In 2018, there were only 42 complete games thrown in the bigs, an average of one every 115.8 games started. In 1998, there were 302 complete games, one every 16.1 games. In 1978, big-league pitchers completed 1,034 of their 4,204 starts, an average of one every 4.1 games. But you’ve probably heard that stat. Thing is, it’s not just complete games disappearing.

The seven-inning start isn’t very common these days, either, and the drop has been quick and precipitous. In 2011, big-league starters lasted at least seven full innings 1,643 times. In 2018, that number fell to just 874. We’ve seen only 33 starts of eight innings or more in 2019, and there have been only eight nine-inning efforts this year. Zach Elfin is the only pitcher with two complete games, and he’s also the only one to finish nine innings in a game that didn’t end in a shutout.

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Which brings us back to the dearth of historic individual strikeout games.

The math makes it difficult to get to 18 or 19 or 20 when pitch counts are a factor. There are only three outs available each inning (barring a hitter reaching first safely after a swing-and-miss on Strike 3 that gets away from the catcher, of course). Pitchers nowadays can’t just be dominant to reach huge strikeout numbers; they have to be efficient, too.

Scherzer struck out his 20 in 2016 on 119 pitches. Kluber needed 113 pitches to strike out 18 Cardinals in 2015, and he did that in eight innings, one of only two of the 32 pitchers to strike out at least 18 to not throw a pitch in the ninth inning. Randy Johnson was the other; he struck out 18 in eight innings, then was done with his pitch count at 160 in 1992.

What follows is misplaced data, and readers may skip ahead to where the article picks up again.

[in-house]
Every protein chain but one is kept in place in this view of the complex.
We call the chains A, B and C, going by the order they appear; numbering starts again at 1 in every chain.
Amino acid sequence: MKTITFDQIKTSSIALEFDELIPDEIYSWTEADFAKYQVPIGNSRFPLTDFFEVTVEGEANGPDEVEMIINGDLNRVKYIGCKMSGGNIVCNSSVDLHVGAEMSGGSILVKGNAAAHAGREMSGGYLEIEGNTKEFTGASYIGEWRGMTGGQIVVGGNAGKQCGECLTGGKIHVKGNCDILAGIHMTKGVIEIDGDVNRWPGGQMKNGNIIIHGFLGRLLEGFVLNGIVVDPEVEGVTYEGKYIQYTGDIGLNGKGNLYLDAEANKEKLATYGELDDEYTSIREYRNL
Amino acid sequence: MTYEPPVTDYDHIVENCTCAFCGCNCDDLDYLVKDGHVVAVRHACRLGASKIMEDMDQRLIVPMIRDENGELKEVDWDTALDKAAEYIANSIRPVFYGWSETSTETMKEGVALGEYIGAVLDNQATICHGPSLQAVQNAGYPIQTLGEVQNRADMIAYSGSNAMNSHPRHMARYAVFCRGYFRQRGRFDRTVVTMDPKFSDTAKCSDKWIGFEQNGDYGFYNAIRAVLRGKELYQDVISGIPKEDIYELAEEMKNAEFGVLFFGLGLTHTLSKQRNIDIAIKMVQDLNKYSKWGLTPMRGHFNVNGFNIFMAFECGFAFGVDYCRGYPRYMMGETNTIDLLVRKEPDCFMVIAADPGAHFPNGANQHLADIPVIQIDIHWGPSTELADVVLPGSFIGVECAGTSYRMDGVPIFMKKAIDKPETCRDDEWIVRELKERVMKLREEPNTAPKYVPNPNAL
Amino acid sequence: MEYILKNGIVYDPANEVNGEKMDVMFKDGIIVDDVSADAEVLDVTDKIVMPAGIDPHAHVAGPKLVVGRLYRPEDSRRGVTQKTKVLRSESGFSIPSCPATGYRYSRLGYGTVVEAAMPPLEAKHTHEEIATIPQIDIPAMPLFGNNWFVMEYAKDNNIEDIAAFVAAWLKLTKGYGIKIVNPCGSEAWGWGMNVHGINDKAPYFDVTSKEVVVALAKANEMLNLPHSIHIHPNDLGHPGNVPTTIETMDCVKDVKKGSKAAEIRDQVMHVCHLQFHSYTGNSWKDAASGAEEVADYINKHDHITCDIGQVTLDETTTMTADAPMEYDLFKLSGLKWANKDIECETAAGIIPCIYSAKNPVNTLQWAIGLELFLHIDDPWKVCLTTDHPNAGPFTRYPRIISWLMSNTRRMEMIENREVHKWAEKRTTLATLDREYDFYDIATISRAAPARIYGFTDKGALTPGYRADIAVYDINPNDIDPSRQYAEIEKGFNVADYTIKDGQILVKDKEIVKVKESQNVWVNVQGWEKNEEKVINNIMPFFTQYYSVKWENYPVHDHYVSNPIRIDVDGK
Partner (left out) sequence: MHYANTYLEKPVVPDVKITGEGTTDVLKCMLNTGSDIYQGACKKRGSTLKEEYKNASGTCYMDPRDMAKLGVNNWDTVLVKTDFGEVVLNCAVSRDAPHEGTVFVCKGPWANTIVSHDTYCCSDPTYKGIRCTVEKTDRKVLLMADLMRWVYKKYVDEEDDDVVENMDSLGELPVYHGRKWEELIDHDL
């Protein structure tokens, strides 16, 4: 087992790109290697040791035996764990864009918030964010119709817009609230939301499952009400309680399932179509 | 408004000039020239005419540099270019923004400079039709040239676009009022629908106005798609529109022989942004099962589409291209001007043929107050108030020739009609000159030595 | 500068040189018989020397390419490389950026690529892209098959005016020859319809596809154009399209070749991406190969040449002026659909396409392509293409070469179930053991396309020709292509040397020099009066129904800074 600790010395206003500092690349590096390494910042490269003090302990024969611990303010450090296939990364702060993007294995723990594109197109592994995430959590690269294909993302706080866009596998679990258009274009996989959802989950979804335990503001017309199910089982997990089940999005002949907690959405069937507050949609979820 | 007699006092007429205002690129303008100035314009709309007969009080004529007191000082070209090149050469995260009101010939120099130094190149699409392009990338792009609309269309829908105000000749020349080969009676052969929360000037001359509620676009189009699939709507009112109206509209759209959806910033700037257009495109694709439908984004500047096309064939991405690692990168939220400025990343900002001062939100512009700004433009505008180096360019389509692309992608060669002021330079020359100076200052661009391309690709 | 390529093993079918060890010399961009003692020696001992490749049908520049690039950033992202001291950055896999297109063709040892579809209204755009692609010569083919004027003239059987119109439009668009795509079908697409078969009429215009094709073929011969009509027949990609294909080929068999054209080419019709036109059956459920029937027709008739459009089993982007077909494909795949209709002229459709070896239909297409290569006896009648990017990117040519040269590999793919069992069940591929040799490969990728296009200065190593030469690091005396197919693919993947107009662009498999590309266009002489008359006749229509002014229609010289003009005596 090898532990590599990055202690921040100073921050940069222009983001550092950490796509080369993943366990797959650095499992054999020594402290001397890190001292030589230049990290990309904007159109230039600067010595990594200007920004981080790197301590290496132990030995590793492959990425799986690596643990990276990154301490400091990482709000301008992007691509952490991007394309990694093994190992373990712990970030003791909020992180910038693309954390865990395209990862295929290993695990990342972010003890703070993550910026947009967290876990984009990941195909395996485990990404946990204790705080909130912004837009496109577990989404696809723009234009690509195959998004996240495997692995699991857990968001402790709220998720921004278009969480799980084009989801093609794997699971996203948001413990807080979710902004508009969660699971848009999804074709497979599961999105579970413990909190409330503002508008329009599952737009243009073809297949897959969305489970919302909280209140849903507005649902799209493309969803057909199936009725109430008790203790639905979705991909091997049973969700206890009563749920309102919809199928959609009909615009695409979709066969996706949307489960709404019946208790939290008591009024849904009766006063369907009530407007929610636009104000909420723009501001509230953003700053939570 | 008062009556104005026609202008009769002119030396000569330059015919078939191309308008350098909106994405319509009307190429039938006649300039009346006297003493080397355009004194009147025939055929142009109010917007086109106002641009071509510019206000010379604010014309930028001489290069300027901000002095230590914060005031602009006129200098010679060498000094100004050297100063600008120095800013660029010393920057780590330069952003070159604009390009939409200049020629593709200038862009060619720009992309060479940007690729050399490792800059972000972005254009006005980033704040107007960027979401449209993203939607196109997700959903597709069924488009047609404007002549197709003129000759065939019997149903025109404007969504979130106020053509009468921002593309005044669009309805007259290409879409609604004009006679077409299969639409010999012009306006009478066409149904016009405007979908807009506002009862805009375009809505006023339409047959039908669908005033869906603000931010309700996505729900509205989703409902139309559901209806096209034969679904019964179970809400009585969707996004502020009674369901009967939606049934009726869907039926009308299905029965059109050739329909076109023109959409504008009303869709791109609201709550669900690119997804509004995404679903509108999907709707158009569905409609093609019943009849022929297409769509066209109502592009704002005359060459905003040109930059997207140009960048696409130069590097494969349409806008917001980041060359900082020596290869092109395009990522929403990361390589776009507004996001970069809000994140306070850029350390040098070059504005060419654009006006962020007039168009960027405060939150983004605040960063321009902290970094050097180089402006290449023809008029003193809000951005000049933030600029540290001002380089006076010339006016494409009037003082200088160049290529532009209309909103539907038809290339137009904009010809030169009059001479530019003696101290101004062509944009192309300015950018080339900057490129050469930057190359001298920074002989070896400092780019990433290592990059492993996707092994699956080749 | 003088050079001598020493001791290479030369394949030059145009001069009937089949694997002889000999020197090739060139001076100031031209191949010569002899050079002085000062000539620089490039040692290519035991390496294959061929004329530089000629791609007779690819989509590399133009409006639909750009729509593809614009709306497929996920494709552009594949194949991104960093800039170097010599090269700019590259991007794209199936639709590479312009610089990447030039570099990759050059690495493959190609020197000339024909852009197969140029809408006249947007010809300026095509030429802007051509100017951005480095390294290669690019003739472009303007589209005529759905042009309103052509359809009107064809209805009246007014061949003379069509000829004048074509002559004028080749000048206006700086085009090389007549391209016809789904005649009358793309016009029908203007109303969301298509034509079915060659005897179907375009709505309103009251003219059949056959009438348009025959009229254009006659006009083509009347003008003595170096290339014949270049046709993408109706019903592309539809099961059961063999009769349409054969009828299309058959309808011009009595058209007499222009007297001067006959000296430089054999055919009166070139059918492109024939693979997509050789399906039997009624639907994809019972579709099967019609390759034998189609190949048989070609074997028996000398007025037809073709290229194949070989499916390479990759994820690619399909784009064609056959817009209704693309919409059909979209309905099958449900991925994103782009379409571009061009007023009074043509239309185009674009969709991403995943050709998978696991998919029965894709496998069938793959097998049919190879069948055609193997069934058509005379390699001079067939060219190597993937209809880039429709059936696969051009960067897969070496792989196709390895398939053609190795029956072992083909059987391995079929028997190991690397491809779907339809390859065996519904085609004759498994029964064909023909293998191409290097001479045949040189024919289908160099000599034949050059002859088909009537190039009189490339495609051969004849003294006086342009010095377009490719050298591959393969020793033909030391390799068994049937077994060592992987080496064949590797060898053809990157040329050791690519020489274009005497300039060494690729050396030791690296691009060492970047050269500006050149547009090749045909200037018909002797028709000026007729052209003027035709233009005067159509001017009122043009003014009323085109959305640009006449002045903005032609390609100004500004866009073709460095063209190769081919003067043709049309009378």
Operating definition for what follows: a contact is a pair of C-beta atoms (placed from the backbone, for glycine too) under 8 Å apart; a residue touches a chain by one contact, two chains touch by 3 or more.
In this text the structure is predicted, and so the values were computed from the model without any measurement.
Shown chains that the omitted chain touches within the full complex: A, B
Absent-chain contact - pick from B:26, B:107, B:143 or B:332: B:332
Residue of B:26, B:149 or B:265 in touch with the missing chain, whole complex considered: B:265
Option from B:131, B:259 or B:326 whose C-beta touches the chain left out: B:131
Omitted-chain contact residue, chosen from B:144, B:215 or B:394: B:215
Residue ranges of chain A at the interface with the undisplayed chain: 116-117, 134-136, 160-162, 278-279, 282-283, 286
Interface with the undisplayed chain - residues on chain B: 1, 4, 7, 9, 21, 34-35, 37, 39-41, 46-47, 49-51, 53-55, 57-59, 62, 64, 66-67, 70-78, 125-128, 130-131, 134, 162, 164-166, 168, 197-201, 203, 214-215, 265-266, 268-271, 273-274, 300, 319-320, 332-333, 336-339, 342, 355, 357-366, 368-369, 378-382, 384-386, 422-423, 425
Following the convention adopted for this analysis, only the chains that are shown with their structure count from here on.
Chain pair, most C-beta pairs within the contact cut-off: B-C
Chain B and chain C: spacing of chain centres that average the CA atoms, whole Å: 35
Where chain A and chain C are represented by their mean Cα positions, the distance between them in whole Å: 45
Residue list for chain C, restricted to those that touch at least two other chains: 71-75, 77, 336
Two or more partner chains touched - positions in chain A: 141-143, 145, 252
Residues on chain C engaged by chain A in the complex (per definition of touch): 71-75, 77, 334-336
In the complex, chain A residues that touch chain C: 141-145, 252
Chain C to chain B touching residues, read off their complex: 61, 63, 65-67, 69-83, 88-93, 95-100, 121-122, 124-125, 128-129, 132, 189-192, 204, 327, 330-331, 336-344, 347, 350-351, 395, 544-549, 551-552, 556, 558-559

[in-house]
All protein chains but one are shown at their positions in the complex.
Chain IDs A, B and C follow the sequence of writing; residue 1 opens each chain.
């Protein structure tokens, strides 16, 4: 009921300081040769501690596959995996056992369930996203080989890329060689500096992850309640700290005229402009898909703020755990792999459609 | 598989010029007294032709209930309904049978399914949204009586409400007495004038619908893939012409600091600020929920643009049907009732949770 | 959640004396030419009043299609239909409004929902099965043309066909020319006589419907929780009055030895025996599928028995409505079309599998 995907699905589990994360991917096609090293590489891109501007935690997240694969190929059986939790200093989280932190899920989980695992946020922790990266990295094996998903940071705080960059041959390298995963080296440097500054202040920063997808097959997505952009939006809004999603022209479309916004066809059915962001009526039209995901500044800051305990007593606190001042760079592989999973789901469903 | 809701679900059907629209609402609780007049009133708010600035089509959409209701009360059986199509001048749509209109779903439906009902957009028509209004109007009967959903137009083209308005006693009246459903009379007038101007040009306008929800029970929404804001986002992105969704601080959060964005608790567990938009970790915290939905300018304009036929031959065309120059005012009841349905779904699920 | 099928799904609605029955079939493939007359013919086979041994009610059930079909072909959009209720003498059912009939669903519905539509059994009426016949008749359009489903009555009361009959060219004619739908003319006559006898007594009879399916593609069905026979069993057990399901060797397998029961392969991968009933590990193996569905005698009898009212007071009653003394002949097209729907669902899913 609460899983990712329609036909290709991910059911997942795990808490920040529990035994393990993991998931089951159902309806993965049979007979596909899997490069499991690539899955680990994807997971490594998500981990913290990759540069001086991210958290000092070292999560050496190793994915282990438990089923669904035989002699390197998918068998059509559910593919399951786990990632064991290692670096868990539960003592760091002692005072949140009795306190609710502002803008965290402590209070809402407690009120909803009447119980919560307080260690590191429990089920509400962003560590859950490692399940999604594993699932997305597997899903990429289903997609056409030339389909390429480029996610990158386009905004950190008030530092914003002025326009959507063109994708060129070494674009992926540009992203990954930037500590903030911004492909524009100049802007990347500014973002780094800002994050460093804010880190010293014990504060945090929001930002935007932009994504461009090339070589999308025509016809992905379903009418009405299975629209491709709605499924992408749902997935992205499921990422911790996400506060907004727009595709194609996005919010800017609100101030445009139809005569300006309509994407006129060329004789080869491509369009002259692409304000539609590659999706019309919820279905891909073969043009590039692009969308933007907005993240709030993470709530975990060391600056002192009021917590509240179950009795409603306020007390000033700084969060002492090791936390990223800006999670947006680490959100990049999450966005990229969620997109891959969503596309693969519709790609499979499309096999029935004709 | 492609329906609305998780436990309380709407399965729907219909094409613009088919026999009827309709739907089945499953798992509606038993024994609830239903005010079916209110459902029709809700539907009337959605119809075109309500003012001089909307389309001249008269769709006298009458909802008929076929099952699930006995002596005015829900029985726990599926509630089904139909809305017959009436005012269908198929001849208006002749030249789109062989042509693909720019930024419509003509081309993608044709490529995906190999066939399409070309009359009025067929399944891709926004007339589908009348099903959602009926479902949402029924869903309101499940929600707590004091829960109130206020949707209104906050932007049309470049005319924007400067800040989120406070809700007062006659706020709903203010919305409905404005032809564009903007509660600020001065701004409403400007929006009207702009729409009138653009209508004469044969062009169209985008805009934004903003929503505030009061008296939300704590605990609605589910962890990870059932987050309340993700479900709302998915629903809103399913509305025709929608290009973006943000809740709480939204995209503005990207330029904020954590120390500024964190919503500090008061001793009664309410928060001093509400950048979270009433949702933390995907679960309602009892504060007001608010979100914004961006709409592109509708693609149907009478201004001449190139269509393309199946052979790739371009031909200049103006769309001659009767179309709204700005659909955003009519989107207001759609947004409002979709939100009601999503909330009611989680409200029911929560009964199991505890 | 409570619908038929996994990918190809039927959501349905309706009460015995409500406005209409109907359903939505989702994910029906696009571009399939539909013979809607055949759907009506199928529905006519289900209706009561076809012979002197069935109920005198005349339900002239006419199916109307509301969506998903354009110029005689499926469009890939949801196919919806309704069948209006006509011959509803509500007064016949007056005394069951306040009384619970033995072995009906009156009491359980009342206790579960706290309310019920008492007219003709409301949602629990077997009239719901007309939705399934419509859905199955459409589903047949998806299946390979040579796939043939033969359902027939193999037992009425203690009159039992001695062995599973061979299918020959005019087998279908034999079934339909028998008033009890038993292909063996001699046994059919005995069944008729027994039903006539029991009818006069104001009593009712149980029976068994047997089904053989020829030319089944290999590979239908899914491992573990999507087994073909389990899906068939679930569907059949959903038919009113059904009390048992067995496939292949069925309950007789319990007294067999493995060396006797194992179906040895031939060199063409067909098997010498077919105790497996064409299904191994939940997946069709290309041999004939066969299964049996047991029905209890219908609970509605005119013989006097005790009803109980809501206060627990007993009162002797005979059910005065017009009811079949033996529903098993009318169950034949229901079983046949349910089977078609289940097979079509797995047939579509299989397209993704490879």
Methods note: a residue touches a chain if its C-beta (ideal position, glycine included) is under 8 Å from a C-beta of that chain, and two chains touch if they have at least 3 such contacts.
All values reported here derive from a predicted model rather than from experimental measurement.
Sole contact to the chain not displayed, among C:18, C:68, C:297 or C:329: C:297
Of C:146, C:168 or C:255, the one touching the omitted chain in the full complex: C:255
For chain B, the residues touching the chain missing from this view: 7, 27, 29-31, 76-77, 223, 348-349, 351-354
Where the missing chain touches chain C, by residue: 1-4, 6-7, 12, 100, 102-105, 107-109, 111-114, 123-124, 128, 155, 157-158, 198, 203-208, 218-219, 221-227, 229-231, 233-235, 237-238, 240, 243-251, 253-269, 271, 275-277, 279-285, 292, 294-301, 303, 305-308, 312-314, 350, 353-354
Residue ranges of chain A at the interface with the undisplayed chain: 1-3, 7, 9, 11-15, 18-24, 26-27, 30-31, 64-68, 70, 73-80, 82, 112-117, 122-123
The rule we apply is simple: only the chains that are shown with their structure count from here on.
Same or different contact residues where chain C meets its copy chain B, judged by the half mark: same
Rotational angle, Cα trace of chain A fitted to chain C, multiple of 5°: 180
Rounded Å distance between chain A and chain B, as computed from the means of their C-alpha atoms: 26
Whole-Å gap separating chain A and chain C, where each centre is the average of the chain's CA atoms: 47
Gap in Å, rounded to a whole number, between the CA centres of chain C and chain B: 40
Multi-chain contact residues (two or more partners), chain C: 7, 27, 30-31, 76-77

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Drop the strikeout count just a tiny bit, though, and you see the number of games jump quickly. Since the start of the 2015 season, we’ve seen 36 games with at least 14 strikeouts by a starting pitcher, nine with at least 15 strikeouts and seven with at least 16. In those 52 games, only one pitcher threw more than 121 pitches — Clayton Kershaw, with 132 in a 15-strikeout game in 2015.

In fact, since the start of the 2015 season, we’ve only see five games in which a pitcher threw at least 130 pitches, and the aforementioned Kershaw start is the only one that didn’t involve a potential no-hitter. Mike Fiers topped that number in his two no-nos (131 and 134), Matt Moore finished at 133 when his attempt was broken up with two outs in the ninth inning, and Sean Newcomb’s day ended at 134 pitches last season when he suffered the same so-close fate as Moore.

So let’s go back to the strikeouts. Sale was at 108 pitches through seven innings when he was pulled with 17 strikeouts Tuesday. The Red Sox are being very careful with his innings this year, hoping he’s fresher down the stretch, so manager Alex Cora pulled him from the game. Sale didn’t complain.

It’s worth noting, though, that Sale is the only pitcher in MLB history to finish a game with 17 strikeouts in seven innings pitched. Of the five 20-strikeout games, only Roger Clemens — in his second 20K game, in 1996 — was at 17 strikeouts through seven innings. Clemens was at 16 through seven in his first historic game, and the other three — Scherzer, Randy Johnson and Kerry Wood — all had 15 strikeouts through seven innings.

And that’s a typical thought process in today’s game. Teams are protective of their highly paid pitchers and of their prized young arms and of, well, pretty much every hurler on their roster. Big-picture concerns are put in front of individual milestones. And that’s not necessarily a bad thing, but it is a big reason that, in an era with more strikeouts than ever, individual pitchers aren’t carving their names into the record books.